When we arrived at the WFO, we were greeted by an OSF engineer, who looked a bit surprised that a couple of young neo-hippies had entered.   I inquired about my father, but he indicated that he was not at the North Base that day.  “You guys college students?” he asked.  “Nah, we’re in high school,” Robert replied, guitar case in hand.  “… On a field trip,” I added.   This wasn’t entirely a lie, as we had, in fact, crossed a field to get there.  “Well, would you like to take a tour of the Weather Service?” he asked.  Of course we would!  After all, what else did we have to do?

The engineer left the room momentarily to ask about a tour.  We waited patiently.  A few minutes later he came back with a look of regret on his face:  “Sorry, guys.  I guess the Weather Service folks are going to be a bit busy today with severe weather.”  “Are they expecting tornadoes?” Robert asked.  “I don’t know.  I actually don’t think we’ll see many tornadoes today.  Tomorrow should be the bigger day…” he replied.  With that, he gave us the card of the meteorologist-in-charge, and said that we should give him a call sometime to get a tour.  As we left, I distinctly remember the last thing I saw at the WFO that day: an image of the Red Rock tornado, a violent tornado that struck northern Oklahoma in 1991.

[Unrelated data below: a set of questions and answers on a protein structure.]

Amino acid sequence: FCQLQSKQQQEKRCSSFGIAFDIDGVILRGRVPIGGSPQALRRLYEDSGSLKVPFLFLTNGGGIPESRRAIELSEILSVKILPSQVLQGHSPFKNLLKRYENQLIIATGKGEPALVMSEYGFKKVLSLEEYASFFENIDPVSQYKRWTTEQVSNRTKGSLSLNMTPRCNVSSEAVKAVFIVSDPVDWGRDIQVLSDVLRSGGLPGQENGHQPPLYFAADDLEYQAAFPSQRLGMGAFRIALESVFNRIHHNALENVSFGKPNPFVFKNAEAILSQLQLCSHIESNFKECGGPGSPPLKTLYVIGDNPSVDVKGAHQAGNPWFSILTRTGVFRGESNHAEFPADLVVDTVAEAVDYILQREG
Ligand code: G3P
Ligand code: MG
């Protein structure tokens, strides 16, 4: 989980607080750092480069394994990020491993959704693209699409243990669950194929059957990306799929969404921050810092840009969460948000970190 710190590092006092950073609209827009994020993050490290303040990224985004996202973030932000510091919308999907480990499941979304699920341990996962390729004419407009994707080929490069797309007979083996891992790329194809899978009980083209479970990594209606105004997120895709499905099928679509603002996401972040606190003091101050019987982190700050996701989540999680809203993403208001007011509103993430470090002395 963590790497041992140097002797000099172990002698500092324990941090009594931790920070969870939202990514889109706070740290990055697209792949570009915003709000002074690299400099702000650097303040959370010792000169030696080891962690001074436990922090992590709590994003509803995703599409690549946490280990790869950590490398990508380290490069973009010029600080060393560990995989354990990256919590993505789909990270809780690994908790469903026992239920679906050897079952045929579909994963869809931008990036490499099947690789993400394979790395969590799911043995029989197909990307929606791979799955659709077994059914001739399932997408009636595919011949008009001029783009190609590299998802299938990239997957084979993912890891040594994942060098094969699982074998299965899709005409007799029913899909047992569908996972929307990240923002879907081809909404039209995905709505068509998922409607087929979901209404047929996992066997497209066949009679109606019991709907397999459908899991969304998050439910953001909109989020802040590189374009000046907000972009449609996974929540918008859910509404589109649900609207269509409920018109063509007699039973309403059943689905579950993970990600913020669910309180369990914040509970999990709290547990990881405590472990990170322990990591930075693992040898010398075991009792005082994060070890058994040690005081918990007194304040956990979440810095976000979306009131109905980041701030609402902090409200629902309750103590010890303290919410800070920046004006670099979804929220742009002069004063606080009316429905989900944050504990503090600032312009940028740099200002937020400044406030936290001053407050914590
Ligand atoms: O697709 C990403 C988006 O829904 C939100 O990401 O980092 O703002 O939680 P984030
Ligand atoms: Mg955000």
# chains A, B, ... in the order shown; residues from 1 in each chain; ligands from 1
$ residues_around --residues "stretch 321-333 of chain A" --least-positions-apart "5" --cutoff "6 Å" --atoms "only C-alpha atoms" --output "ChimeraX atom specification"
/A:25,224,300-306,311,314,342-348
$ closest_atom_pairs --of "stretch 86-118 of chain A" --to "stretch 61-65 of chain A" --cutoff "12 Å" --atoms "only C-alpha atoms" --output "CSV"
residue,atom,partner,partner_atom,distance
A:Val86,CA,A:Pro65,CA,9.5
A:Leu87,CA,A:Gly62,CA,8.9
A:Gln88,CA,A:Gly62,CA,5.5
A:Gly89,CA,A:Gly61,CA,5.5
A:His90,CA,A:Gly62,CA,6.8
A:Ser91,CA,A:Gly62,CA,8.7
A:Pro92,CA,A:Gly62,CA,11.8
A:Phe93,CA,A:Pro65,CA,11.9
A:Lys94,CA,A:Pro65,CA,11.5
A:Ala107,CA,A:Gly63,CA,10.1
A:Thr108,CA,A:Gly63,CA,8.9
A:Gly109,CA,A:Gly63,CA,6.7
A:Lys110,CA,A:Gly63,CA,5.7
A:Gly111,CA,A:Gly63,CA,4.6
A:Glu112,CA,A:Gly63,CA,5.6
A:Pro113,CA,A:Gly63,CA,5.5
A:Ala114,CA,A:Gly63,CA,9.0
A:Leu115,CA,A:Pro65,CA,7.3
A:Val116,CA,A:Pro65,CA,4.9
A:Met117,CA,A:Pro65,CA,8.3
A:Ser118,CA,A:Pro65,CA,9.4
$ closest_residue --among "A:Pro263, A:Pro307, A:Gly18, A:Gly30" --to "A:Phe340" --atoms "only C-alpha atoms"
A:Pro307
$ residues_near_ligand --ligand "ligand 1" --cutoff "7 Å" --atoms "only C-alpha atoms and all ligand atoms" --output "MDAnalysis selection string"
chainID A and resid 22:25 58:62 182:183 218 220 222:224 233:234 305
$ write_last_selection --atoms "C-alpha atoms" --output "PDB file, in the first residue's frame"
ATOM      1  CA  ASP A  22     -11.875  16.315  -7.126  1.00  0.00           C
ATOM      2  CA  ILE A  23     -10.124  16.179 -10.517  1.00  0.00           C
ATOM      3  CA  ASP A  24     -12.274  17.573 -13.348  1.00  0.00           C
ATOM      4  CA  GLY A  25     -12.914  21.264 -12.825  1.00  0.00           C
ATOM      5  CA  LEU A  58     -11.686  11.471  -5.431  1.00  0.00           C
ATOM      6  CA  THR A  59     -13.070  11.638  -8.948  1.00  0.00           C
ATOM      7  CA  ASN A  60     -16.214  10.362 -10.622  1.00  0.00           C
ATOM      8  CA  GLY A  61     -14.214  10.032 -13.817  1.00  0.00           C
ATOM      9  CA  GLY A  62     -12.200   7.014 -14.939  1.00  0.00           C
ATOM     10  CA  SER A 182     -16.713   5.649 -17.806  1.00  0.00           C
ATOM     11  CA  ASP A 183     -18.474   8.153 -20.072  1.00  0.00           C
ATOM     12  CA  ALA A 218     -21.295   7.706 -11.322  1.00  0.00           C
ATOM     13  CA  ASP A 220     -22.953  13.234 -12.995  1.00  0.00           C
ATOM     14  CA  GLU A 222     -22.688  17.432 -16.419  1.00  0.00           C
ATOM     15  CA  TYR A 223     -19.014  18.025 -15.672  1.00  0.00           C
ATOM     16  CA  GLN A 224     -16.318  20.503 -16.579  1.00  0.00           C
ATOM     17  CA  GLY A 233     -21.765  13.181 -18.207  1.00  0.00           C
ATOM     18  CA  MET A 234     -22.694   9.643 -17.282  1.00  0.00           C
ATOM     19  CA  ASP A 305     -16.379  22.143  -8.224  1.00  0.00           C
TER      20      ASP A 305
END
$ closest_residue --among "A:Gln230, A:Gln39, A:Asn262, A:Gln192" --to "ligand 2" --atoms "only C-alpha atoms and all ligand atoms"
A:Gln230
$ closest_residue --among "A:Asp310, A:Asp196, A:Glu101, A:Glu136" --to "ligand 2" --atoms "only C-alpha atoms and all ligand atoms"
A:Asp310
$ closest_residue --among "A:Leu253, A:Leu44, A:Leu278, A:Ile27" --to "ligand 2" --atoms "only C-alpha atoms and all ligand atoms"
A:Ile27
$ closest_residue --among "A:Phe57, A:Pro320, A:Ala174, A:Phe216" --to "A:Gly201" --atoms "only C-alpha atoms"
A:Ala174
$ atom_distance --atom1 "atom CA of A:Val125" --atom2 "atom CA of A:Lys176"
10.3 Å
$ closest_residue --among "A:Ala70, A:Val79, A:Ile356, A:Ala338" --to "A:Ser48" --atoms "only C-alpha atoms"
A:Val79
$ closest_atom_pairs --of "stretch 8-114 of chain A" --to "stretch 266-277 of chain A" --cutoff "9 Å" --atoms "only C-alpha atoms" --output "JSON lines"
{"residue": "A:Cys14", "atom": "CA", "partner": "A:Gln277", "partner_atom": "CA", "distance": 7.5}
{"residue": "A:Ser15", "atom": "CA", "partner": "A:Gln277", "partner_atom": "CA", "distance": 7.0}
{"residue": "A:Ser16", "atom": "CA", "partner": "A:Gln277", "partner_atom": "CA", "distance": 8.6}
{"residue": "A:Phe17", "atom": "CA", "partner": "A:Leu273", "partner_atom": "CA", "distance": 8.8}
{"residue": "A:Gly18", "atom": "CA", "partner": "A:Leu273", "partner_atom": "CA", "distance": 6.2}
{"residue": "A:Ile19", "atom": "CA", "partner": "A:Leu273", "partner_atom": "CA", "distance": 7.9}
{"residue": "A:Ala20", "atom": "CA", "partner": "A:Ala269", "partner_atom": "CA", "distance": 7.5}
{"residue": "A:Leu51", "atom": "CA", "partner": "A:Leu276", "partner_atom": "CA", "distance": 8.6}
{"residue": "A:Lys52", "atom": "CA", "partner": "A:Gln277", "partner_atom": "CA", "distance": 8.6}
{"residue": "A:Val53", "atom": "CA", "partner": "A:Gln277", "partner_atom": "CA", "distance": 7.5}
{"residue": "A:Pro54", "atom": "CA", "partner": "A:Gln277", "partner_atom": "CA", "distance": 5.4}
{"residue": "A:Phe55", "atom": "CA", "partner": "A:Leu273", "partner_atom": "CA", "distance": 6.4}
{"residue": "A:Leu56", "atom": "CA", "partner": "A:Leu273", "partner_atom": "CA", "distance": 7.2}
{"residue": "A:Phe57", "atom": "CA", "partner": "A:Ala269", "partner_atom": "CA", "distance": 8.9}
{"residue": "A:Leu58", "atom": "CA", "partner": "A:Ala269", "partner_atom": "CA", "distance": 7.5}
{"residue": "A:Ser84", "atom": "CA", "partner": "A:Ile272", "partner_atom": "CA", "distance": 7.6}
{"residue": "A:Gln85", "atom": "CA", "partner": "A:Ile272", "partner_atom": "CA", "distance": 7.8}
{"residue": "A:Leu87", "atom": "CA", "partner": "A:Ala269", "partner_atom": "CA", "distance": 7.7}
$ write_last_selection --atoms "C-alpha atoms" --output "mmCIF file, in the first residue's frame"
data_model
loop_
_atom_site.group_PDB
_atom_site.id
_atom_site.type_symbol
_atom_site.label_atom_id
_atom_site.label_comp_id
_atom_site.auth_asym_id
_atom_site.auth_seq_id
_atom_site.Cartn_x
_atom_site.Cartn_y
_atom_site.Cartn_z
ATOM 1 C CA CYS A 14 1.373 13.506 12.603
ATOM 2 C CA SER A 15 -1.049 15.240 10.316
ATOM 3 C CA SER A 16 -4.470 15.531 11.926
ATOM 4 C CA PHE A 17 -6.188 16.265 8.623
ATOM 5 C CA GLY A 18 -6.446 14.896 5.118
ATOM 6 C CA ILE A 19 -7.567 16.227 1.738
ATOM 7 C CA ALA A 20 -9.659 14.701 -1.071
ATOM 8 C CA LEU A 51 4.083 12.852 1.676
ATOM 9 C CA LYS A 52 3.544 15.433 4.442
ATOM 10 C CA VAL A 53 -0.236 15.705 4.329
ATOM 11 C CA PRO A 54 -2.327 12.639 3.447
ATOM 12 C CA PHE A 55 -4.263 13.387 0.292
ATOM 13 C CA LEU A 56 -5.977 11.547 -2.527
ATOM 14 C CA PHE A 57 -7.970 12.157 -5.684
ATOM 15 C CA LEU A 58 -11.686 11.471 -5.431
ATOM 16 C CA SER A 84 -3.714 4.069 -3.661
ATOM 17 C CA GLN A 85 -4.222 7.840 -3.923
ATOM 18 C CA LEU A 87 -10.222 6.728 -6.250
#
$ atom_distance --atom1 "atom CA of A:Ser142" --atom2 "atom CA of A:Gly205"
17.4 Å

After leaving the WFO, we decided to head west from there.  And west, as Normanites know, is the direction of the Max Westheimer airfield.   It was quite hot and humid that day, so we decided to take a rest from our walking and play a little guitar.  We found a runway overgrown with weeds, and assumed that no planes would be taking off from there that day.  After a few minutes of playing Peter, Paul, and Mary’s “The Very Last Day,” we noticed a yellow security vehicle approaching us from the airport terminal.  Its lights were flashing.  Uh oh.  We briefly pondered making a run for it, but reasoned that that would make us look decidedly guilty.   So we stayed.

The security vehicle arrived and a middle-aged gentleman stepped out.  “You boys realize that you’re trespassing on airport property?”  We indicated that we knew.  “Did you realize that trespassing on airport property is a federal offense?”  We shook our heads, “No, sir, we did not know that…” as the gravity of the situation came to bear on us.  “I’m going to have to ask you to come back with me to the terminal.” Terminal – how fitting: the place where our lives would terminate!  Not only were we skipping class, we had just committed a federal offense!  He motioned for us to climb into the back of the pickup truck.

Upon arriving at the terminal, he asked us to wait while he went inside.  We once again contemplated making a break for it.  Again, we decided against it.  Two minutes later, he came back with two 20 ounce Cokes.  He handed them to us and said, “Guys, don’t do that again.”   We hurriedly assented to his request, took the frosty beverages, and set off, marveling at our good fortune.